HIFU and recurrence
Has anyone had HIFU treatment after a recurrence?
A year or so ago you posted that your PSA had been at 1 for some years with an initial radiation treatment in 2004. Is your PSA still around 1.0, or has it gone up? What is it now? If it hasn't gone up I wouldn't get any further treatment at this time. PSA after radiation doesn't always get ultra low and you may not actually have any cancer - in which case additional treatment would cause side effects, possibly quite nasty ones, without doing you a bit of good.
If you search Google for "hifu after radiation" (no quotes) you'll find some articles about it. Apparently it is sometimes done.
Thanks. The last three PSAs has been 1.4, then 1.29, and now 1.59. This has been in the last 6 months. The RO a few years back was talking about doing something if it goes above 2.0 or more. These numbers are confusing.
(I have been reading about HIFU lately which seems to be one alternative as well). Possibly as you say, I should be waiting on it...
Also, the urologist takes a different approach. He recently mentioned doing possibly cryotherapy. However, he didn't talk any specifics. With cryo I read that there are some possible SEs when doing it as salvage treatment after radiation. I am also wondering if I should be getting get an MRI and/or another biopsy?
Any thoughts would be appreciated...
I had HIFU as a primary treatment 2 1/2 years ago. I consider HIFU to be a precision instrument compared to cryo, which in my opinion is not. I think cryo has fallen out of favor as a treatment option. Just my opinion.
Since the time of your HIFU (last 2 1/2 years) have you had any SEs? Sounds like you feel that HIFU is a better choice than cryo! I believe both would be recommended
after a recurrence.
Have you had any ADT?
I had a six month ADT (eligard) shot in preparation for external beam radiation. I changed my mind and did out-of-pocket HIFU instead. The only side effects were from the ADT. I refused another ADT injection after HIFU. My PSA became undetectable after HIFU but it has since inched up to 0.3 where it seems to have stabilized. My tumor was in one side of prostate but I went with full gland HIFU ablation.
After radiation treatment for prostate cancer, you still have a prostate. It is still possible for the prostate to be infected by bacteria or a virus, or to be inflamed by other factors such as a urinary tract infection or crystal collections (maybe like kidney stones.) Some actions prior to a PSA test, including sex, strenuous exercise, a digital rectal exam, and perhaps other things, can also cause the PSA to go up. None of these are cancer. My PSA went up from .08 to .26 about seven years after my treatment, a factor of more than three. Then it eventually went down again. So the first big question in your case is:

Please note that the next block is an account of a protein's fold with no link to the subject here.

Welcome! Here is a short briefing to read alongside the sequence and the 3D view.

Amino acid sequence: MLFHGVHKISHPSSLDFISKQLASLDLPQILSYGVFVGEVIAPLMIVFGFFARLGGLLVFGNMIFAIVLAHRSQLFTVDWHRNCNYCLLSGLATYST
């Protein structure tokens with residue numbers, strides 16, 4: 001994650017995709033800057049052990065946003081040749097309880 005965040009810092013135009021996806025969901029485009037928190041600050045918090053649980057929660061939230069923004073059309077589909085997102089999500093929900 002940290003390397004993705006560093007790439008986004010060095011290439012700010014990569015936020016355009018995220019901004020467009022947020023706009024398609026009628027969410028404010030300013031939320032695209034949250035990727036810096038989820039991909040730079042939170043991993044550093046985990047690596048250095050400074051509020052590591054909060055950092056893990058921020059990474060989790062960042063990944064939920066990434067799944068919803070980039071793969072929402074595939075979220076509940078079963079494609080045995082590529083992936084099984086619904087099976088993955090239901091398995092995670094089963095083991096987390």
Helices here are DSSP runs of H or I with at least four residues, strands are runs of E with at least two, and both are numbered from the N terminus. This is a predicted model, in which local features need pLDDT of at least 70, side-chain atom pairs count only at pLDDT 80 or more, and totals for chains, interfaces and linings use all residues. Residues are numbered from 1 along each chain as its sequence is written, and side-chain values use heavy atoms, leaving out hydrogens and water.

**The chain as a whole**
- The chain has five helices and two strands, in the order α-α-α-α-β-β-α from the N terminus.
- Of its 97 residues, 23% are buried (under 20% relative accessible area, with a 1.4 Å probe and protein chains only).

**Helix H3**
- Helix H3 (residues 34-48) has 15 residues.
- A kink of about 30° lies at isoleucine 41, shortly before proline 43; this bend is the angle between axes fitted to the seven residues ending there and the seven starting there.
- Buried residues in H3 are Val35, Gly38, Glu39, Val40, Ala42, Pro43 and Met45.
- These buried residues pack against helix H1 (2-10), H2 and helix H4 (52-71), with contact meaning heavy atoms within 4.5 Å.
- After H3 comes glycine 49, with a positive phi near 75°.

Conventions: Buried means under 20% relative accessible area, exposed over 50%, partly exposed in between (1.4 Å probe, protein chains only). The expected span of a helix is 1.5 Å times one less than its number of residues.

1. Do you actually have prostate cancer? If you don't, you're done. No more work is required. If you do then the next questions is:
2. Is it local or metastatic. If it's local there are a number of possible treatments including more radiation, cryotherapy, and HIFU. If it's metastatic then, is it oligometastatic (i.e., spread to just one or a few places), or systemic - spread all around. Then the questions are:
3. What treatment should you try?
I think that you really need a good doctor to guide you through this, not an untrained guy like me.
It's my impression that many doctors are not experienced enough to handle these questions. You want a doctor that specializes in advanced prostate cancer. Recurrent prostate cancer is at least a major part of their practice, not just a problem that comes up once in a while in their patient population. They should have experience ordering and interpreting the latest tests, including mpMRI, various types of PET scans, PCA3, etc. They should know the latest research on oligometastatic disease and be able to offer an informed opinion about whether you have cancer, if so, whether it is local or oligometastatic or systemic, and what the best treatment options are.
If you don't think your current doctor(s) is/are up to snuff on this, it's time to go get a second opinion. I recommend finding an oncologist who, ideally, specializes in prostate cancer and is part of a team that includes medical and radiation oncologists and surgeons. The best place I know to find someone like that is at one of the university or similar level research hospitals. If you live in the U.S. I'd look at the National Cancer Institute's list of "Designated Cancer Centers". These are places that NCI considers to be centers of excellence. See: cancer.gov/research/nci-rol...
I hope that helps.
Best of luck.